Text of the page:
This was caused es­pe­cially by the U.S.’s Syr­ian pol­icy; poli­cies aim­ing to force Bashar As­sad to step down trans­formed into ones that di­rectly sup­port the Peo­ple’s Pro­tec­tion Units (YPG). More­over, the FETÖ ring­leader’s res­i­dency in the U.S. and the U.S. ad­min­is­tra­tion’s re­luc­tance in re­veal­ing FETÖ’s or­ga­ni­za­tion in the coun­try is an­other cause of the tense re­la­tions.

In ad­di­tion, Turkey is be­ing tar­geted over sanc­tions on Iran. I’m not even go­ing to talk about all the in­sults to­ward Pres­i­dent Er­doğan that is pub­lished in the U.S. press.

There­fore, strate­gic part­ner­ship is hol­lowed out; the two coun­tries only share in­tel­li­gence and are members of the NATO. If new fields of co­op­er­a­tion aren’t cre­ated, crises are ex­ac­er­bated and if the U.S.’s poli­cies con­tra­dict with Turkey’s vi­tal in­ter­ests and sur­viv­abil­ity, th­ese ten­sions will be­come struc­tural. It may alien­ate the two coun­tries in a man­ner that sur­passes ad­min­is­tra­tions and fig­ures.

Call­ing the sup­port of YPG ter­ror­ists “tac­ti­cal re­la­tions” has un­der­mined the strate­gic part­ner­ship be­tween the U.S. and Turkey. Turk­ish-Amer­i­can re­la­tions should be re­vised. It doesn’t have to be a strate­gic part­ner­ship; how­ever, in­ter­ests of both par­ties shouldn’t con­tra­dict to this ex­tent. Tac­ti­cal tar­gets for the U.S. are vi­tal for Turkey. This in­di­cates an asym­me­try in the re­la­tions. The U.S. be­ing a su­per­power doesn’t en­sure healthy bi­lat­eral re­la­tions, or it doesn’t mean that Turkey will re­lin­quish its vi­tal in­ter­ests just for the sake of the U.S.

Pres­i­dent Er­doğan has started to ques­tion this strate­gic part­ner­ship and stated that it is dis­cuss­able. Now, we see it’s com­pletely hol­low. If th­ese re­la­tions are to be mended, an over­haul is needed. Is­sues should be dis­cussed and new part­ner­ships should be es­tab­lished.

DS: Do you be­lieve that a change in the turk­ish ad­min­is­tra­tion will re­new re­la­tions be­tween the u.S. and turkey?

B.D.:

In­clud­ing Europe in the mat­ter, Turkey’s is­sues with the West­ern al­lies are struc­tural. Firstly, the in­ter­na­tional sys­tem is go­ing through a pe­riod of un­cer­tainty. We’re at a point where the U.S. is pre­par­ing to re­lin­quish its role as the global leader while main­tain­ing its pres­ence in var­i­ous mat­ters. Trump’s wish to with­draw from mul­ti­lat­eral agree­ments in­di­cates that the U.S. no longer wants to pro­vide se­cu­rity and sta­bil­ity to the in­ter­na­tional com­mu­nity; in­stead, the U.S. wants coun­tries to achieve th­ese on their own. The U.S. de­sires that Euro­pean pow­ers, es­pe­cially Ger­many, participate in the re­dis­tri­bu­tion of this bur­den.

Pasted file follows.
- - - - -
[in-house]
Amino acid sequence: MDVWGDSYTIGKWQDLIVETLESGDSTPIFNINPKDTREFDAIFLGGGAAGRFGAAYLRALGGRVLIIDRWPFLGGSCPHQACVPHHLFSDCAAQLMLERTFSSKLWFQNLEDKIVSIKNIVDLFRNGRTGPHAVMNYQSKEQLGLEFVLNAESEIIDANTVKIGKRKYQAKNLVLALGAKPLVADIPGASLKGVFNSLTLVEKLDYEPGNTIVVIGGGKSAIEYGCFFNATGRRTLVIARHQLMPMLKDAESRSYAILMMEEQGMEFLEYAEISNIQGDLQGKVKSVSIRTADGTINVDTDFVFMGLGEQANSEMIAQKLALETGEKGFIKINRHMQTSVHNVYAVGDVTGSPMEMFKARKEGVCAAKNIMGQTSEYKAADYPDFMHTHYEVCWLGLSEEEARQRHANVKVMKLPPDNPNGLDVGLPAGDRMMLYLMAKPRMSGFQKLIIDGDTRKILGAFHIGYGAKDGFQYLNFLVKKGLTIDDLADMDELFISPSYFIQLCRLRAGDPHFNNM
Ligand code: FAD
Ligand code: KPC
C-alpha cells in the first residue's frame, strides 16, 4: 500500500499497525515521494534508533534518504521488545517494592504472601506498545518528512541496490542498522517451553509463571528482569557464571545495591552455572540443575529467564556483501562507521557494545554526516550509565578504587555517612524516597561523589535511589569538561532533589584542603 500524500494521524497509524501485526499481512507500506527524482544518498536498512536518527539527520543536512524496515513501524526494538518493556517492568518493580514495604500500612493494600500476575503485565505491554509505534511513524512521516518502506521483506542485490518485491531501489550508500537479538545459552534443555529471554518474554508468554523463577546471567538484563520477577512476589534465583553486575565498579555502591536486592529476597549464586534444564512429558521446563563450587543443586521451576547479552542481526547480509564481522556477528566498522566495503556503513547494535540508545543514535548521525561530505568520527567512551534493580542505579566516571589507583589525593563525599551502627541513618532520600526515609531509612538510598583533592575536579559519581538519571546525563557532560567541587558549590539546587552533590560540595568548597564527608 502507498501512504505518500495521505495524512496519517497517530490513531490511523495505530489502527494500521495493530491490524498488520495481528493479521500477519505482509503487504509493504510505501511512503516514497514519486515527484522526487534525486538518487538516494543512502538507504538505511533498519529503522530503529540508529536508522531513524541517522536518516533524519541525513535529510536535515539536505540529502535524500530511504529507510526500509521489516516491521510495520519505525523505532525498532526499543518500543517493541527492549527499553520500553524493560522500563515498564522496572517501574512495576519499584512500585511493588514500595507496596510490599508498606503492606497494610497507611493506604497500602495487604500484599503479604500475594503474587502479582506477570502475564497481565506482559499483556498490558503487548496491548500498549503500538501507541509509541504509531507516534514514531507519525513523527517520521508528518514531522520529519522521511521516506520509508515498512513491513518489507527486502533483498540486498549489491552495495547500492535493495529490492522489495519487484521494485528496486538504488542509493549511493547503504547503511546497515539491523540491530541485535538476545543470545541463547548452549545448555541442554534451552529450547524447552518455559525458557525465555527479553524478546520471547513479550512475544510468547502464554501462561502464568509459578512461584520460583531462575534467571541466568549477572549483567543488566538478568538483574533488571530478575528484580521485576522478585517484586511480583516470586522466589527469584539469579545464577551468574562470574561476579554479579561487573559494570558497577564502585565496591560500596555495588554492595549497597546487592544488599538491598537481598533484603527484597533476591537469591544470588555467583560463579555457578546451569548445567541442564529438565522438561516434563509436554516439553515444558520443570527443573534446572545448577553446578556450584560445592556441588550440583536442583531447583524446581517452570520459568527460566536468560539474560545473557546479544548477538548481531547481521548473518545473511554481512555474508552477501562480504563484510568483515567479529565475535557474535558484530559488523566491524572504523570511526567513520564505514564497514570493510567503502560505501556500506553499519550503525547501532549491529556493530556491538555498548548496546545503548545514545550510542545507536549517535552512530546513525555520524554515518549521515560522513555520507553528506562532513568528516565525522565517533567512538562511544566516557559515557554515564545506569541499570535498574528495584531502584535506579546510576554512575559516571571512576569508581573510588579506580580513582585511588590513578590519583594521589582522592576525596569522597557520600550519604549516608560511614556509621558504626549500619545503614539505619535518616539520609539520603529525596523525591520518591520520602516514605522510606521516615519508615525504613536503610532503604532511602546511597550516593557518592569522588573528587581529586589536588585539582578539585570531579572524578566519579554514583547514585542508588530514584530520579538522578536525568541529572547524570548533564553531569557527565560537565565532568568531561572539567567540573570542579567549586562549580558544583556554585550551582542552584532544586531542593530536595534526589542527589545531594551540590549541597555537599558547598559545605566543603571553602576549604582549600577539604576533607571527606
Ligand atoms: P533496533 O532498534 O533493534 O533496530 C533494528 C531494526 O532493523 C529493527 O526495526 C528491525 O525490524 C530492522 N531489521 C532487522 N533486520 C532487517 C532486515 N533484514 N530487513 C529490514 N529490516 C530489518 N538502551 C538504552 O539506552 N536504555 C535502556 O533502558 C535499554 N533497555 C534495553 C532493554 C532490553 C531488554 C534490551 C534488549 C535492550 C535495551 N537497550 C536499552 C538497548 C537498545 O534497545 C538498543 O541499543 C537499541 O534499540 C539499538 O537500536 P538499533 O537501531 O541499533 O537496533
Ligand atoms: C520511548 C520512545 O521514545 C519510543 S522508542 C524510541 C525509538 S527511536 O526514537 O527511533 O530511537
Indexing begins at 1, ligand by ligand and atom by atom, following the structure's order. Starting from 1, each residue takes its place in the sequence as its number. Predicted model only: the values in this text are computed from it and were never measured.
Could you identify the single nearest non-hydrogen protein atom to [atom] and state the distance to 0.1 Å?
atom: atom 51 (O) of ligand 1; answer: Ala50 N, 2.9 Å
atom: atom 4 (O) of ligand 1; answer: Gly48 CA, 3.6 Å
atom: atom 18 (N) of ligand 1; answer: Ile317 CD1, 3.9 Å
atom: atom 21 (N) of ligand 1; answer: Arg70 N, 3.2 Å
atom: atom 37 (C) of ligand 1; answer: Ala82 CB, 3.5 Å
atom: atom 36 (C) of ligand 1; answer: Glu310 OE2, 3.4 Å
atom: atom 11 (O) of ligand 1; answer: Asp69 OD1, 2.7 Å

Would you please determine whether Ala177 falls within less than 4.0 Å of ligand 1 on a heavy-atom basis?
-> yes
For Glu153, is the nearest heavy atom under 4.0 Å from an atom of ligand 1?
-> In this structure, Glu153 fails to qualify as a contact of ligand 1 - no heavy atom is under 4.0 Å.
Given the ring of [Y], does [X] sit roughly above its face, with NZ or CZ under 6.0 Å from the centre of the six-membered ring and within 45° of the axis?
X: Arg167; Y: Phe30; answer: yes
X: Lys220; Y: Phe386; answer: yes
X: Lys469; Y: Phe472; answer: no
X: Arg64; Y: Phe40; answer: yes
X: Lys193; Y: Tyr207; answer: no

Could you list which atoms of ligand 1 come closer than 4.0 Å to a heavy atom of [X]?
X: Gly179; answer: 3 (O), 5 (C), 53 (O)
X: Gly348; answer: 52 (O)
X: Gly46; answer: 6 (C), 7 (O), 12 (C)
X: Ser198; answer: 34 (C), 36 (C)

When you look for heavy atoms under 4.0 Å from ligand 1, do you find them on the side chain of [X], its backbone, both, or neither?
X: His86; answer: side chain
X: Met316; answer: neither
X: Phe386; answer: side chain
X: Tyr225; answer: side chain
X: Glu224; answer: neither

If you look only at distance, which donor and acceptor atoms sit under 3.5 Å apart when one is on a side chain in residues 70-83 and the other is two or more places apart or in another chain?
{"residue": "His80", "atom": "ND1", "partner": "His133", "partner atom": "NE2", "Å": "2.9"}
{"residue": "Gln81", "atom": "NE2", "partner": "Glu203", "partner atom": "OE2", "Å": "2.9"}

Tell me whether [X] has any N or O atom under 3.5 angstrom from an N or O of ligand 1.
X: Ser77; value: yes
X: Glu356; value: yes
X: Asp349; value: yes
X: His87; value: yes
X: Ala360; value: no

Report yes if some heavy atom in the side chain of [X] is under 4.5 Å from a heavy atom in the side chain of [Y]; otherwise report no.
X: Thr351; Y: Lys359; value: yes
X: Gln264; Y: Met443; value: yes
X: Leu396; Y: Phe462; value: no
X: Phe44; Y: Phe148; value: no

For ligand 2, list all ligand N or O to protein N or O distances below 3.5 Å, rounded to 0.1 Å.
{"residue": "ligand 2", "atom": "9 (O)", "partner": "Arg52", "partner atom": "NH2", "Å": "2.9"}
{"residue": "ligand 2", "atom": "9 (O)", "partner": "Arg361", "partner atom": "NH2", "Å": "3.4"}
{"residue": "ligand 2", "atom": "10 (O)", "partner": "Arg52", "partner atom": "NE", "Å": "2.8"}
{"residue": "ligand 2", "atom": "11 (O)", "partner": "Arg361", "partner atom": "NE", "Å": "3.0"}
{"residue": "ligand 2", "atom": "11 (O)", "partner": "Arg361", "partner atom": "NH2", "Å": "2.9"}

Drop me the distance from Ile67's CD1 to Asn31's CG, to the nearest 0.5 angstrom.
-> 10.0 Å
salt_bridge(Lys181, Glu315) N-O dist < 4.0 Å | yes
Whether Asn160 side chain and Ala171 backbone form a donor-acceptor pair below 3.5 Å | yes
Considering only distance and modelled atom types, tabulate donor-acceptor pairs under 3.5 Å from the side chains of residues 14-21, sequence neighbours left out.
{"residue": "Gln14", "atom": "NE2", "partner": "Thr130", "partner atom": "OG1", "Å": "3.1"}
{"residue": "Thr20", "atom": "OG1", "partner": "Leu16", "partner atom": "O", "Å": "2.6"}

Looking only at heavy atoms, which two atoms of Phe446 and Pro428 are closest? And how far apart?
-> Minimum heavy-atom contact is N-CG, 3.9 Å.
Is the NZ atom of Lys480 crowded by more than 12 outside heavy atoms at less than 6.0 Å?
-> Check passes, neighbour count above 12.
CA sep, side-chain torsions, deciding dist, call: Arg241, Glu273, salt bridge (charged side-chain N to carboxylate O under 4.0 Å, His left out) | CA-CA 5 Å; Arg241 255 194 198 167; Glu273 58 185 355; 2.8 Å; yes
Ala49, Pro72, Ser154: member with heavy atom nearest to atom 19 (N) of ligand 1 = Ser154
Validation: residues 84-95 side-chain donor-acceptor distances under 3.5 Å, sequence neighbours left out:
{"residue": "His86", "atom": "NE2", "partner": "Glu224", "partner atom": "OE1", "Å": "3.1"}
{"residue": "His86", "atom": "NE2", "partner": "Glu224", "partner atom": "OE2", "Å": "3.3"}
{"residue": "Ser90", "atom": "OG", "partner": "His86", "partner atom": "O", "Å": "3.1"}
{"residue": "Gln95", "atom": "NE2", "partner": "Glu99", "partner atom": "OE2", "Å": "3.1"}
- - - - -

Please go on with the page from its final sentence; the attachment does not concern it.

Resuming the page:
The emer­gent in­sta­bil­ity in the Mid­dle East fol­low­ing the Arab Spring has spread to Europe. De­spite not hav­ing con­stant ter­ror­ist at­tacks and eco­nomic crises, un­cer­tainty is rul­ing Europe to­day. Sev­eral ter­ror­ist at­tacks and a mil­lion refugees were enough to push the EU to ex­treme right move­ments, racism and Is- lam­o­pho­bia. Ex­trem­ist par­ties have in­creased their votes and some even be­come coali­tion part­ners.

Th­ese de­vel­op­ments in­di­cate a long-term po­lit­i­cal-ide­o­log­i­cal cri­sis for Europe. The EU’s fu­ture af­ter Brexit is be­ing dis­cussed. More­over, we know re­gions like Cat­alo­nia along with cer­tain coun­tries are try­ing to break away. In this sense, we’re cur­rently in an age of un­cer­tain­ties. Yet, we can def­i­nitely say that this dis­solves the tra­di­tional al­liance re­la­tions; coun­tries might co­op­er­ate in cer­tain fields while com­pet­ing against each other in re­main­ing field. This is a new po­lit­i­cal sit­u­a­tion; this isn’t only true for Turkey, but also for the Amer­i­can-Rus­sian re­la­tions. The re­la­tions be­tween the U.S. and China also have the same po­ten­tial in terms of ten­sion, so does the re­la­tions with Europe. In this re­spect, the pri­mary rea­son of tense re­la­tions be­tween the West and Turkey is due to th­ese un­cer­tain­ties.